No multiracial Singapore if not for Othman Wok: PM Lee
SINGAPORE — If not for Mr Othman Wok’s conviction in multiracial ideals, there might never have been an independent Singapore, much less one where citizens pledge themselves as a united people regardless of race, language and religion, said Prime Minister Lee Hsien Loong yesterday.
Leading the tributes to Mr Othman — who died on Monday at the age of 92 after a long battle with cancer — at a memorial service held at Victoria Concert Hall, Mr Lee said that during an era when the People’s Action Party (PAP) was battling to stand up to Malay supremacists, it was “not only Chinese Singaporeans who could not be cowed by threats of riots and mayhem”.
“Malay Singaporeans too could not be easily seduced by appeals to race and religion. Singaporeans were an altogether obstreperous people. Better for Singapore to leave Malaysia. That set in train events which led to August 9, 1965,” said Mr Lee, referring to the day when Singapore seceded from Malaysia and became independent.
Mr Othman was the first Malay minister in the Republic’s inaugural Cabinet post-independence.
Following his death, tributes poured in from Singaporeans from all walks of life — including national leaders who said the country was indebted to the former Social Affairs Minister — while hundreds braved the heavy downpour to bid farewell to Mr Othman on Tuesday when the funeral procession and burial were held.
Yesterday, more than 600 invited guests — including Mr Othman’s friends and family, Old Guard colleagues such as former Cabinet Minister Ong Pang Boon, grassroots leaders from Pasir Panjang and representatives from religious and community groups — attended a memorial service, organised by OnePeople.sg.
Delivering the first of six eulogies for Mr Othman, Mr Lee said that a “golden thread that ran through his long life was his commitment to the ideal of a multiracial and multi-religious Singapore”.
Other speakers including Minister-in-charge of Muslim Affairs Yaacob Ibrahim and OnePeople.sg chairman Janil Puthucheary also highlighted Mr Othman’s conviction and belief in multiracialism, which, in Dr Yaacob’s words, “is ever more important today” at a time when extreme ideologies are “being peddled on many fronts”.
Mr Lee recounted how Mr Othman and other Malay Members of Parliament in the PAP knew they would have been richly rewarded had they swayed towards the Malay supremacy the United Malays National Organisation (Umno) sought during the 1963 election, yet none of them jumped ship.
“Had (Mr Othman) not been firm in that commitment, had he hesitated or wavered in the dark days of our Merger with Malaya and then Separation, when our history hung in the balance, the Singapore story would have turned out differently,” Mr Lee said.
Standing firmly by their loyalties to the PAP and the values it stood for despite intense and relentless pressure, Mr Othman and his Malay colleagues held a “sufficient portion” of the Malay ground in Singapore and “kept the dream of a multiracial society alive through those terrible dark days”, Mr Lee said.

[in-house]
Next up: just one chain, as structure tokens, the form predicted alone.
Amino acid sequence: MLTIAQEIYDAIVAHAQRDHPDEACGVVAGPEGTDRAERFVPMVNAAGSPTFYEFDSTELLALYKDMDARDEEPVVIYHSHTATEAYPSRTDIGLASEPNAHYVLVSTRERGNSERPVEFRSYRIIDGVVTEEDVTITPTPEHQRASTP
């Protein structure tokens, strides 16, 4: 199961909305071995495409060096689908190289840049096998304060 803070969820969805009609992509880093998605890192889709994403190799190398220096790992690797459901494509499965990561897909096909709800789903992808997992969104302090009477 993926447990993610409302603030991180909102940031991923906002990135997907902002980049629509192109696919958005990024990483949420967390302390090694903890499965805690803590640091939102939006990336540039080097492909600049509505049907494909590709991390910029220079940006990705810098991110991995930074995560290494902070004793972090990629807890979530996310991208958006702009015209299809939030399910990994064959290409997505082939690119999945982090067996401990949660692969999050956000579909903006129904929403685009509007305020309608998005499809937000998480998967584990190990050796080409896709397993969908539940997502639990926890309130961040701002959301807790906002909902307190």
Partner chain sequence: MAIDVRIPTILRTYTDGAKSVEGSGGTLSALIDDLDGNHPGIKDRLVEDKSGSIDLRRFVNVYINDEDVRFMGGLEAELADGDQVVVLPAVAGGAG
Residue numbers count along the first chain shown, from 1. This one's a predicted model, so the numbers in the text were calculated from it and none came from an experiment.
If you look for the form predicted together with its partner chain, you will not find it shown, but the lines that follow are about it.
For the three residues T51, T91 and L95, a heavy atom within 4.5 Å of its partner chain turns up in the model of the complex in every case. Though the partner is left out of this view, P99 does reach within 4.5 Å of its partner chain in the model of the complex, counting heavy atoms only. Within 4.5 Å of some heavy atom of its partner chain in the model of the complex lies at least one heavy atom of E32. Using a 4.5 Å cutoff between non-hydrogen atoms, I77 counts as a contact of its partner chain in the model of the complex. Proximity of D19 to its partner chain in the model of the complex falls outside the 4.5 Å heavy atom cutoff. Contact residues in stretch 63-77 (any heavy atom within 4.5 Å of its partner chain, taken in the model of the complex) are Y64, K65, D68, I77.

“At stake was what kind of society we wished to live in: A multiracial society, with all races enjoying equal rights; or a system based on ethnic politics and racial dominance? A Malaysian Malaysia, as the PAP wanted; or Malay supremacy, as the Umno in Kuala Lumpur wanted?” he added.
On July 12, 1964, Umno organised a hostile rally in Pasir Panjang, which was Mr Othman’s own constituency, Mr Lee said.
Less than 10 days later, during a procession to mark Prophet Muhammad’s birthday, racial riots broke out. “Othman was convinced, with good reason, that the riots had been deliberately instigated,” Mr Lee said. “The purpose was to intimidate Singaporeans ... The target was not just Chinese Singaporeans, but also Othman and the Malay PAP leaders.” But despite facing abuse, denouncement and even death threats, they were not cowed and did not choose race over nation, Mr Lee said.
He recounted that after the 1964 racial riots, then Malaysian Deputy Prime Minister Tun Razak visited Singapore to “feel the pulse of Singapore Malays”, and concluded that Singapore Malays were different from Malayan Malays. “There is a Malay saying, ‘rambut sama hitam, hati lain-lain’, which means that we may look the same, but our hearts differ,” Mr Lee said.
He noted that Mr Othman’s assent to sign the Separation Agreement was also crucial. It was because Malay Singaporeans and Malay PAP leaders embraced the “nobler dream of a shared identity” that Singapore can practise a form of non-communal politics based on justice and equality that is unique in the region and rare in the world, he said.
Tracing Mr Othman’s contributions after independence, Mr Lee said that he was always “rolling up his sleeves, hands-on, setting an example”. For instance, when recruits were sought for the People’s Defence Force after Separation, Mr Othman was one of several ministers who stepped forward.
Mr Lee said that in looking back on Mr Othman’s illustrious life, one should also look ahead to the future of Singapore, as that was what he and his colleagues had fought for.
“So while it is with sorrow today that we bid farewell to one of Singapore’s greatest sons, we also give thanks for the extraordinary life of one who gave so much of himself to the nation.”